Person-centred planning is a way of helping someone to plan their life and support, focusing on what's important to the person. Person-centred planning has five key features:
- the person is at the centre of the planning process
- family and friends are partners in planning
- the plan shows what is important to a person now and for the future and what support they need
- the plan helps the person to be part of a community of their choosing and helps the community to welcome them
- the plan puts into action what a person wants for their life and keeps on listening - the plan remains 'live'
In England, Scotland and Wales, policies and legislation since 2001 have led to the adoption of person-centred planning by all local authorities. In Northern Ireland, all and Social Care Trusts are expected to start moving towards this way of working by 2015.
Person-centred thinking is as important as the planning. It means that support staff hold person-centred values, and a belief that a person must have control in areas such as who supports them, what they do with their day, being listened to, and making decisions about their lives.
Support from professionals and family
All these styles of planning require a trained person, called a person-centred planning facilitator, to support the process. These are skilled people who involve everyone in the person's life in their 'relationship circle'. They also encourage and support the individual to take control of their own plan. They are very creative in their methods and have extensive knowledge of advocacy, working with families, finance, housing issues and how to develop better support for people.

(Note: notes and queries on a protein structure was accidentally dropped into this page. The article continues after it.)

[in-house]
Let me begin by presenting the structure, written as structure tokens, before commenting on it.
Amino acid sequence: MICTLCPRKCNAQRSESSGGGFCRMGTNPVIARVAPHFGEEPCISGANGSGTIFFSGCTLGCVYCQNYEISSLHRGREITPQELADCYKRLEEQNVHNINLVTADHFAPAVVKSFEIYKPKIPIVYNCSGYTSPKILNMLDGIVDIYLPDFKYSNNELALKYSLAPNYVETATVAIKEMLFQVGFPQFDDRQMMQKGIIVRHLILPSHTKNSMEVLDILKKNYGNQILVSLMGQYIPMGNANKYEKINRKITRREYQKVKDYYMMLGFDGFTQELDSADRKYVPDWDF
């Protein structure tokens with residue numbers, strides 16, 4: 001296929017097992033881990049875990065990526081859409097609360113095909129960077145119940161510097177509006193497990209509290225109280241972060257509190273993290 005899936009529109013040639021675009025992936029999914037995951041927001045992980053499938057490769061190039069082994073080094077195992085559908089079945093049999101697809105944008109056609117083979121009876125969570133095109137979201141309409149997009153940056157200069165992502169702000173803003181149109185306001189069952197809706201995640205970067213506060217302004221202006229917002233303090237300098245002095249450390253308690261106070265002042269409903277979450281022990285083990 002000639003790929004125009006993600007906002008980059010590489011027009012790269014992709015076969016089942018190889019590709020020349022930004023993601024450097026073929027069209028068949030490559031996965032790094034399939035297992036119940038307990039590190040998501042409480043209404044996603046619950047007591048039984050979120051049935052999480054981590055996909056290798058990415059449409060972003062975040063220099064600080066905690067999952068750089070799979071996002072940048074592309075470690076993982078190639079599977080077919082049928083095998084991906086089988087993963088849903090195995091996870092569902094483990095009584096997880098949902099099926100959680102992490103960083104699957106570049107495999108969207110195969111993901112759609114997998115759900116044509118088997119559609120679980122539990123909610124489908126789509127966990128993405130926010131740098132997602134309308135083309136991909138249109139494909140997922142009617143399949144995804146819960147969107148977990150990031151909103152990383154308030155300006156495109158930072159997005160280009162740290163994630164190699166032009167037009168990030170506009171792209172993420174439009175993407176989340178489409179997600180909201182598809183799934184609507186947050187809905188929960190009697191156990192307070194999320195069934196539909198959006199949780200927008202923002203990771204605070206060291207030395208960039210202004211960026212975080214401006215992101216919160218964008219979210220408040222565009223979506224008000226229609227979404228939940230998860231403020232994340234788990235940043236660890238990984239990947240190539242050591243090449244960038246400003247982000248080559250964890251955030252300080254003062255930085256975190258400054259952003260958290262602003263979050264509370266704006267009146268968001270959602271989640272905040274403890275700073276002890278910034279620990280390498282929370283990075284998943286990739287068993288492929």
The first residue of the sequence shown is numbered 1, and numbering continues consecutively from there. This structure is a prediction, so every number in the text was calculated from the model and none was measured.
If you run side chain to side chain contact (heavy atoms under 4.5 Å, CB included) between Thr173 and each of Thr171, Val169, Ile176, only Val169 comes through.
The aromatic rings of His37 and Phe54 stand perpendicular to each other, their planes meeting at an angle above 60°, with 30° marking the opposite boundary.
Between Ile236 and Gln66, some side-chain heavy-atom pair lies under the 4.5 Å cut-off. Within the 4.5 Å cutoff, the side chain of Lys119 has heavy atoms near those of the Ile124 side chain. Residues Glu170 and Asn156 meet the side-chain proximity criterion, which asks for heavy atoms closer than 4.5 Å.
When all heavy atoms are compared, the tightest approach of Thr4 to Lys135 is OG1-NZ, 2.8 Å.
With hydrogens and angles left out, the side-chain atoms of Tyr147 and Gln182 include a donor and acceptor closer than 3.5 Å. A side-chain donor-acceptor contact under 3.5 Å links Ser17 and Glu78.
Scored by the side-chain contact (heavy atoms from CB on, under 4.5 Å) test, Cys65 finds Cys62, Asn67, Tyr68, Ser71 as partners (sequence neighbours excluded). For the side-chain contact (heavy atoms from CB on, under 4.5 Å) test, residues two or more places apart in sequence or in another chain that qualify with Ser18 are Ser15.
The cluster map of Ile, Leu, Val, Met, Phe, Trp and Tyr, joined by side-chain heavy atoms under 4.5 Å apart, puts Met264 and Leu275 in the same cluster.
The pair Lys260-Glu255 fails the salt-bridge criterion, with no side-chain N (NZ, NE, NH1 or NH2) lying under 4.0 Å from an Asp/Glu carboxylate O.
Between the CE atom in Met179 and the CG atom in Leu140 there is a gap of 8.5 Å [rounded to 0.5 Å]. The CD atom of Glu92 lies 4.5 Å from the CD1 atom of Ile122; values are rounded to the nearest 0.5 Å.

Families can also support person-centred plans, often using tools such as Families Leading Planning. They make a commitment to the person to put plans into action.
Person-centred planning and people on the autism spectrum
Person-centred planning is based around the individual and is ideal for people on the autism spectrum. Planning tools may need to be adapted and terminology often needs to be changed so that it can be understood by the person. It is essential that the person’s preferred ways of communicating are taken into account so that they can play a full part in the planning process.
Personalisation, self-directed support and support plans
There is an increasing move towards personalisation and self-directed support in funded community and social care. In self-directed support, the person knows how much money they are entitled to for their support and they have choice and control over how it is spent. This money may be referred to as a personal budget.
Support plans for Personal Budgets
After the community care assessment process (including self-assessment), a person will be awarded an indicative budget and can then develop their support plan. This can be developed by anyone: the person, anyone in their circle of support, an advocate or a person-centred planning facilitator or broker.
The information in a person's support plan is taken from their person-centred plan but has a distinct difference - a person-centred plan is confidential to that person but a support plan has to be shared with the sponsoring authority and their funding panel. The support plan can be helpful if the person's indicative budget is not enough to cover their support costs.
The support plan should include:
- what is important to the person
- what the person wants to change
- how the person will arrange their support
- how the person will spend their personal budget
- how the person will manage their support
- how the person will stay in control and be involved in decision-making
- an action plan to explain what happens next.
More from our charity
Autism Services Directory
Community care for adults
Community care for young people
Community care for children
Our Community Care Service
Our training and consultancy
Person centred planning, Autism Education Trust.
Create My Support Plan
Families Leading Planning
Helen Sanderson Associates
National Brokerage Network
Think local act personal
Legislation, policies and guidance
Adult Autism Strategy: statutory guidance (England)
The Scottish Strategy for Autism
Care Act 2014 (England)
Equality Act 2010
Human Rights Act 1998
Transforming your care (2013) (Northern Ireland)
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Last updated: April 2014